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Deirdre Newman The byzantine process of filling out...

December 04, 2002

Deirdre Newman

The byzantine process of filling out college applications can

strike fear in even the most organized high school student.

For those who don't have a lot of guidance, the intimidation and

challenge is compounded.

To demystify and help with the college application process, two

Corona del Mar High School students have opened a college center on

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Costa Mesa's Westside. Tutoring is also provided.

The two founders of the student-devised and student-run center

received guidance themselves from their alliance with UC Irvine's

Community Outreach Partnership Center.

"This is especially valuable since, often, the younger folks are

given a bad knock for being self-indulgent and self-centered," said

Victor Becerra, director of the UCI center. "This project represents

the true meaning of community service and student leadership."

Michelle Burgner and fellow Corona del Mar senior Jessica Harkins

hatched the idea for the center, which they dubbed the Westside

Project, last spring as they were contemplating filling out their own

applications.

"I know how much of a maze the [college application] process is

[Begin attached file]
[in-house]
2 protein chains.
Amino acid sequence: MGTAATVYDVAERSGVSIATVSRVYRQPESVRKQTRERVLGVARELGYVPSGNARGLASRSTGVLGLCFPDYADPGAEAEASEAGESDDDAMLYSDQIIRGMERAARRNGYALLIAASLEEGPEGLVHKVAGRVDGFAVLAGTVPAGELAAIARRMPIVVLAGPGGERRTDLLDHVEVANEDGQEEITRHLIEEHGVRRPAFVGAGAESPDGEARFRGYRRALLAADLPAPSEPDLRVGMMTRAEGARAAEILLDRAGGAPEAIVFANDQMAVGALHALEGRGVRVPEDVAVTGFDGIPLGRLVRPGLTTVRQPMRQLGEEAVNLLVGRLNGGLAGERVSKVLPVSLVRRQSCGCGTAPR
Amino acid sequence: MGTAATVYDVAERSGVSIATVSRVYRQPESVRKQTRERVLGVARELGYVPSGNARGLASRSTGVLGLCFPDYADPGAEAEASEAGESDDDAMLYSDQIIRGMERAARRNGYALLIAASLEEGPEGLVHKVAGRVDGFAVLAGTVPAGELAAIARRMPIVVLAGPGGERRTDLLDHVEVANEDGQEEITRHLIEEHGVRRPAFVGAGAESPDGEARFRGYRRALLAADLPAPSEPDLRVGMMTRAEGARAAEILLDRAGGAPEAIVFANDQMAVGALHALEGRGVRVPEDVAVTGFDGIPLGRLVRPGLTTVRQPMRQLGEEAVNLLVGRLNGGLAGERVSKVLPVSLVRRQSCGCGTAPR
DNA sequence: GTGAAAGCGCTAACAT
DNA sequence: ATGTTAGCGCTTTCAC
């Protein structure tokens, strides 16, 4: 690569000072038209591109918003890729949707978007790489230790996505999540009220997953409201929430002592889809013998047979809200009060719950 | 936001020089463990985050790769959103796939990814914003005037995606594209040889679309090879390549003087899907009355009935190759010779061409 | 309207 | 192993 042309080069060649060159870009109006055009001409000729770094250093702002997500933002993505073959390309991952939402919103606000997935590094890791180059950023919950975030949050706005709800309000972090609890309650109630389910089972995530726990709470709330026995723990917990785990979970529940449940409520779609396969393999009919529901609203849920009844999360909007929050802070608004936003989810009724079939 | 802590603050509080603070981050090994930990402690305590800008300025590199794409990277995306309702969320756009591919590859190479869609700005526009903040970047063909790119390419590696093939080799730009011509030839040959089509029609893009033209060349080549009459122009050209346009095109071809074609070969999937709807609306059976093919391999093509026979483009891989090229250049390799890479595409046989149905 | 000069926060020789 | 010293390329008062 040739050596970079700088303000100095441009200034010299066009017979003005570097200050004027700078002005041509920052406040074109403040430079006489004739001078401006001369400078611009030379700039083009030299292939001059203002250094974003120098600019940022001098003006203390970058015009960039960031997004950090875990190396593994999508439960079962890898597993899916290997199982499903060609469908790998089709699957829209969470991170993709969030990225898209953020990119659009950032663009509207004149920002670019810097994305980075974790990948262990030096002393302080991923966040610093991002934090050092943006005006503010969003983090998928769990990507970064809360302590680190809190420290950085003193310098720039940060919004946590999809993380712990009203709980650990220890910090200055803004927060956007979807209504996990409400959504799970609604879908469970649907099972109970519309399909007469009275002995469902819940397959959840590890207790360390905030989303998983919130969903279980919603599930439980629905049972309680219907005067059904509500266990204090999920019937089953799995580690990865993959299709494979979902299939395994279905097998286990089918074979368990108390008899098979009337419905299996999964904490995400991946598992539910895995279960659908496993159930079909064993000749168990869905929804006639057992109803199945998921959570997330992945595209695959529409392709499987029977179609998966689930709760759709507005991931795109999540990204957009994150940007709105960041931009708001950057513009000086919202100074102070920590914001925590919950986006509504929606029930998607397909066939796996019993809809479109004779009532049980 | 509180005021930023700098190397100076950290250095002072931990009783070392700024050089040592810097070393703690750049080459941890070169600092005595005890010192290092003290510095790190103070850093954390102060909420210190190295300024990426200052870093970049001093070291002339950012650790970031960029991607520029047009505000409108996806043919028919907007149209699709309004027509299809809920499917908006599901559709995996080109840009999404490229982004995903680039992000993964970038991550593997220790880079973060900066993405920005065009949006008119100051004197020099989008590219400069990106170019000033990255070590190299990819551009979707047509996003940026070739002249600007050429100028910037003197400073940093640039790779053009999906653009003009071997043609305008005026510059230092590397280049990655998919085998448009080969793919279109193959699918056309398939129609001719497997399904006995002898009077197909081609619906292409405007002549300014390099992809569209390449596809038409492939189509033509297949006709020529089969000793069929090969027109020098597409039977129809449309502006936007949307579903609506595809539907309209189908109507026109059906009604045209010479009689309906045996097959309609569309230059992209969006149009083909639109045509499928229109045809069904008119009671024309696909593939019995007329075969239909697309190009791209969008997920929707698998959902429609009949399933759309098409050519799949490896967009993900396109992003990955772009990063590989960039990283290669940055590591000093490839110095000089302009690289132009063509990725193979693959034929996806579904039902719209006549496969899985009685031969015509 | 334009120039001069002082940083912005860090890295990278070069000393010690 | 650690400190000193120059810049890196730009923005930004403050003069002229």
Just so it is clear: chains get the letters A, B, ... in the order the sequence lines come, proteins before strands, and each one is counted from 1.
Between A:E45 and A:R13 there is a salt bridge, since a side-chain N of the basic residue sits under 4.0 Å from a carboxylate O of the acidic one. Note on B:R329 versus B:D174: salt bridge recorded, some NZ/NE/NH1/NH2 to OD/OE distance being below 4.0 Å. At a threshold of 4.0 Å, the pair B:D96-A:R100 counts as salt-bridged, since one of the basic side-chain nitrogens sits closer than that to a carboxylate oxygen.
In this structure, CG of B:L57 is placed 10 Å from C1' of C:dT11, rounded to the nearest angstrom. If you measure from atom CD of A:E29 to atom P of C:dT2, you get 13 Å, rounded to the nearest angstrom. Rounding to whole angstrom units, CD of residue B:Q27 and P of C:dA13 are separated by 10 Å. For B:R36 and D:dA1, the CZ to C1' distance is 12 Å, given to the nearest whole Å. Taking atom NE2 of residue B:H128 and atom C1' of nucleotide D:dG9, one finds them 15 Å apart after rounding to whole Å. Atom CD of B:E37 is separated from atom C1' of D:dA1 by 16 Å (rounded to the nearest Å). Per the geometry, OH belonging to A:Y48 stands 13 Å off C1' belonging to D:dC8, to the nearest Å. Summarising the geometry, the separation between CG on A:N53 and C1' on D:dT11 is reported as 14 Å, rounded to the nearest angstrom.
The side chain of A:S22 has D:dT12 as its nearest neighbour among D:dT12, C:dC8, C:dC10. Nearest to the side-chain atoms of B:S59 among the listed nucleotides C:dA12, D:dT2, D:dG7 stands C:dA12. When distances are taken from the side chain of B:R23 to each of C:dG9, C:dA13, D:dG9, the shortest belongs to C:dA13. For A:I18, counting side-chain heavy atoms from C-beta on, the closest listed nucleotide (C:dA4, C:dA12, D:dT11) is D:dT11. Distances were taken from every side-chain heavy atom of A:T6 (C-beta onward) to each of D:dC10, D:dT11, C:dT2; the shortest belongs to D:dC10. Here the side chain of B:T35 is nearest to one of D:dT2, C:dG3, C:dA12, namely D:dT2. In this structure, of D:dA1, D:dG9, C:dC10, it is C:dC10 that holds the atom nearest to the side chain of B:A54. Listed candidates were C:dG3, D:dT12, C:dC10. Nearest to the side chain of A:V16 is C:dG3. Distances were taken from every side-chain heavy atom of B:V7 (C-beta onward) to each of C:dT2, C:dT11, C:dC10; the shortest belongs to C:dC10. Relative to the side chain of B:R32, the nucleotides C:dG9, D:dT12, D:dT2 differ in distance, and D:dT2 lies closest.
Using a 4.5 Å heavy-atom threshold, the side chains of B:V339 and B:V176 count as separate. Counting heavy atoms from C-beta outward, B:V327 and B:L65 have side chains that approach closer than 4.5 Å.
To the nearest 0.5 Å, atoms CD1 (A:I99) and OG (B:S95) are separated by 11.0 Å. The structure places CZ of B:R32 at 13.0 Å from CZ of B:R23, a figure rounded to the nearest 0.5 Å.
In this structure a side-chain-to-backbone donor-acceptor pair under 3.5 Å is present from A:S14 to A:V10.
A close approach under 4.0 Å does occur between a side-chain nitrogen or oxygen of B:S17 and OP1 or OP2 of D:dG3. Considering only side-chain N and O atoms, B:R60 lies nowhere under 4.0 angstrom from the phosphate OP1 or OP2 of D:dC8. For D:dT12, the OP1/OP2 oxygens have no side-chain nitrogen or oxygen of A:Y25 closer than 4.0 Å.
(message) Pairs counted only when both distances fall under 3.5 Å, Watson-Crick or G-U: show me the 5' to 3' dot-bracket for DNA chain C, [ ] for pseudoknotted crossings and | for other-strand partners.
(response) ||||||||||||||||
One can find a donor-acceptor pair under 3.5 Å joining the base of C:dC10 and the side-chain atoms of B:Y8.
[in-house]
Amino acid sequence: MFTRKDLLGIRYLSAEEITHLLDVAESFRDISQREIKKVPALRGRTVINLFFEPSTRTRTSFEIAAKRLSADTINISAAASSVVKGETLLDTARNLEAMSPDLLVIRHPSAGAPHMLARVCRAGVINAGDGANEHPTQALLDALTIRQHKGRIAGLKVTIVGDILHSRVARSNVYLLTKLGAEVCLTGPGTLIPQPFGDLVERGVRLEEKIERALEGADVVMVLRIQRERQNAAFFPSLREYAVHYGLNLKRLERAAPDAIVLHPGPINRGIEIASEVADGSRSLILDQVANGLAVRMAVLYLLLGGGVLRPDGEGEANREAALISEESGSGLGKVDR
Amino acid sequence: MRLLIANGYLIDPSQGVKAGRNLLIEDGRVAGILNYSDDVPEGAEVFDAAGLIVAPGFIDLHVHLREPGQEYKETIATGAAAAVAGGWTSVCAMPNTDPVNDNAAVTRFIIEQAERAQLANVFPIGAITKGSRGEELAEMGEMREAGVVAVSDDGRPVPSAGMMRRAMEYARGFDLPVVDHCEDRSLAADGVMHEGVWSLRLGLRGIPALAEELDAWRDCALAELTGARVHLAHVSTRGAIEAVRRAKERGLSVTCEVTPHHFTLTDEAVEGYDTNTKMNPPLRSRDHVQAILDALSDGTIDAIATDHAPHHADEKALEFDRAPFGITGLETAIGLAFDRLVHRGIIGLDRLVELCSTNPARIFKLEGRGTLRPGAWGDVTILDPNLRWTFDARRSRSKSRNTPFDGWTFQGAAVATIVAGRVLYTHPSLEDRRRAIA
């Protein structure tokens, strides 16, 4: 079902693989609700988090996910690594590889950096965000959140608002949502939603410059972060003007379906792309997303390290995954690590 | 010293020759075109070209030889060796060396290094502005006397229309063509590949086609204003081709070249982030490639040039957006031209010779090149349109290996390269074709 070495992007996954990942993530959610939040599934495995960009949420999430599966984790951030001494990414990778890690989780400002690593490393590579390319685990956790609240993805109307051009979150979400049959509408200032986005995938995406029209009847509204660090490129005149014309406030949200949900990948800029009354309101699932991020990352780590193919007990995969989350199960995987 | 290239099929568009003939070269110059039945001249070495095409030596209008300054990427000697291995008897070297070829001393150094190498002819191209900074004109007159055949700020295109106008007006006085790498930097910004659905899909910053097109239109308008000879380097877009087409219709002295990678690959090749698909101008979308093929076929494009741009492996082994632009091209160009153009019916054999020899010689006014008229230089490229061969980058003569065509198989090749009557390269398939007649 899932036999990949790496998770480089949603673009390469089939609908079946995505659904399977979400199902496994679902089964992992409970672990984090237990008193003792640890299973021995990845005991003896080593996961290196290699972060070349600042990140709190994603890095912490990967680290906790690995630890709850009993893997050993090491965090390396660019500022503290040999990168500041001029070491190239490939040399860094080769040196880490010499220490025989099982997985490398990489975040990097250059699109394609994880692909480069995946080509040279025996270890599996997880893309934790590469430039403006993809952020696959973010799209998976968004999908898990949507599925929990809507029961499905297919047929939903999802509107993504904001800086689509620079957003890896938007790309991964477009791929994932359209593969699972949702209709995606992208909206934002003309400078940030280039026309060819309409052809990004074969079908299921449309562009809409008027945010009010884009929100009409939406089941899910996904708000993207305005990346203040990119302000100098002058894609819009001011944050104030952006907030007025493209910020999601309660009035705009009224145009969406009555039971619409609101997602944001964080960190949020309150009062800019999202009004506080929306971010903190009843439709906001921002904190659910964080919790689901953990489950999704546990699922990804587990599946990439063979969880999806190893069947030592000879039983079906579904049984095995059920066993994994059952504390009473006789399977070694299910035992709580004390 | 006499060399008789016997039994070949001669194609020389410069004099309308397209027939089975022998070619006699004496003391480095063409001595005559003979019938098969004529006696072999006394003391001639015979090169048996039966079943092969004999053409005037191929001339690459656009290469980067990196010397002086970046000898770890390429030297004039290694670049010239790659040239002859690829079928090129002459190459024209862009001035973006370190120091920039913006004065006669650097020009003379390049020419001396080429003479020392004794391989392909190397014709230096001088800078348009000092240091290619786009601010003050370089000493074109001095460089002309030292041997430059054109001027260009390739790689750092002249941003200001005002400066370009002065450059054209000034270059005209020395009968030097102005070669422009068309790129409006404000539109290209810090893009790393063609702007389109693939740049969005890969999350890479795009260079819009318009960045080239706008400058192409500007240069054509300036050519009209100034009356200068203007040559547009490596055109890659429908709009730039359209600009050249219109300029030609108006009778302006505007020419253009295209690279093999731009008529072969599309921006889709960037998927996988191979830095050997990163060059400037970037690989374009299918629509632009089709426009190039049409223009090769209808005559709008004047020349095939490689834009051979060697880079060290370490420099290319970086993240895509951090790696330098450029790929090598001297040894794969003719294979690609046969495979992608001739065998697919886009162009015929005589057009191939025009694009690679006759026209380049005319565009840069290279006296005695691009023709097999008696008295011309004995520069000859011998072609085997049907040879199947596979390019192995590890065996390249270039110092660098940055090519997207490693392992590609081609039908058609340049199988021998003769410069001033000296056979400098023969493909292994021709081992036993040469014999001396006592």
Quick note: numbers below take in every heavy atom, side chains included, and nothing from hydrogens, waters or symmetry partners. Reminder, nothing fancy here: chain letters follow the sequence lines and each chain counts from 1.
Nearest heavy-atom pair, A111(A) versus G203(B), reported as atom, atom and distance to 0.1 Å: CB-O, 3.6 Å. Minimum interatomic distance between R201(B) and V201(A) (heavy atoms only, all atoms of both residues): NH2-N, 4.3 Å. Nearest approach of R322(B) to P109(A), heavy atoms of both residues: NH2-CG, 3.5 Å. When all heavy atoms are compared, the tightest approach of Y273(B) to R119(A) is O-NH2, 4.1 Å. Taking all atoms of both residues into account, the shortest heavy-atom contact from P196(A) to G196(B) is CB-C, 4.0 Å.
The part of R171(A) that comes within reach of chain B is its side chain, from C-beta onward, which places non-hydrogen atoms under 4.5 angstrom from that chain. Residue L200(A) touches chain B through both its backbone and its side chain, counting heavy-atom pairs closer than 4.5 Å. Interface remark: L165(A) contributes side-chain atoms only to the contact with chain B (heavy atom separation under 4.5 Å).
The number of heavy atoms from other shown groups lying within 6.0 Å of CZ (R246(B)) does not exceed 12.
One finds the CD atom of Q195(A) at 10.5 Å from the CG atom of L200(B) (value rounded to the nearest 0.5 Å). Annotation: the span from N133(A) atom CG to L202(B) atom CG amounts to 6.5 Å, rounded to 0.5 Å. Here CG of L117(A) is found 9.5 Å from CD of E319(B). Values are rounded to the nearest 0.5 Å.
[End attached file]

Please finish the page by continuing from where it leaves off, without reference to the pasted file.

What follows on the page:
and all the steps you have to go through," said Burgner, 17, who is

applying to six colleges. "My college counselor is amazing. I hope we

can provide the same level of support."

After hearing about their idea, their school guidance counselor

recommended contacting UCI, and a partnership was born. UCI's center

provided the room for the Westside Project in the back of the Harbor

Christian Fellowship Church.

Burgner and Harkins then started contacting colleges around the

country, asking them to send promotional material. The center is

decorated with banners and posters from schools like Pepperdine,

Connecticut College and the University of California system.

Brochures in Spanish titled "Taking the Reins of Your Future" line

the tables, and a bookcase boasts a wealth of guides to various

facets of the college application process.

Students from Corona del Mar also donated their old SAT

preparation material, and the high school donated tables.

The Westside Project officially opened the last week of September.

While the project originally targeted students from Costa Mesa and

Estancia high schools, it serves all students in the district.

While it was slow at first, eventually students began trickling

in, and things grew busy, Burgner said. But visits to the center have

tapered off since Thanksgiving break, Burgner lamented.

Becerra attributes the drop to the cycle of college applications.

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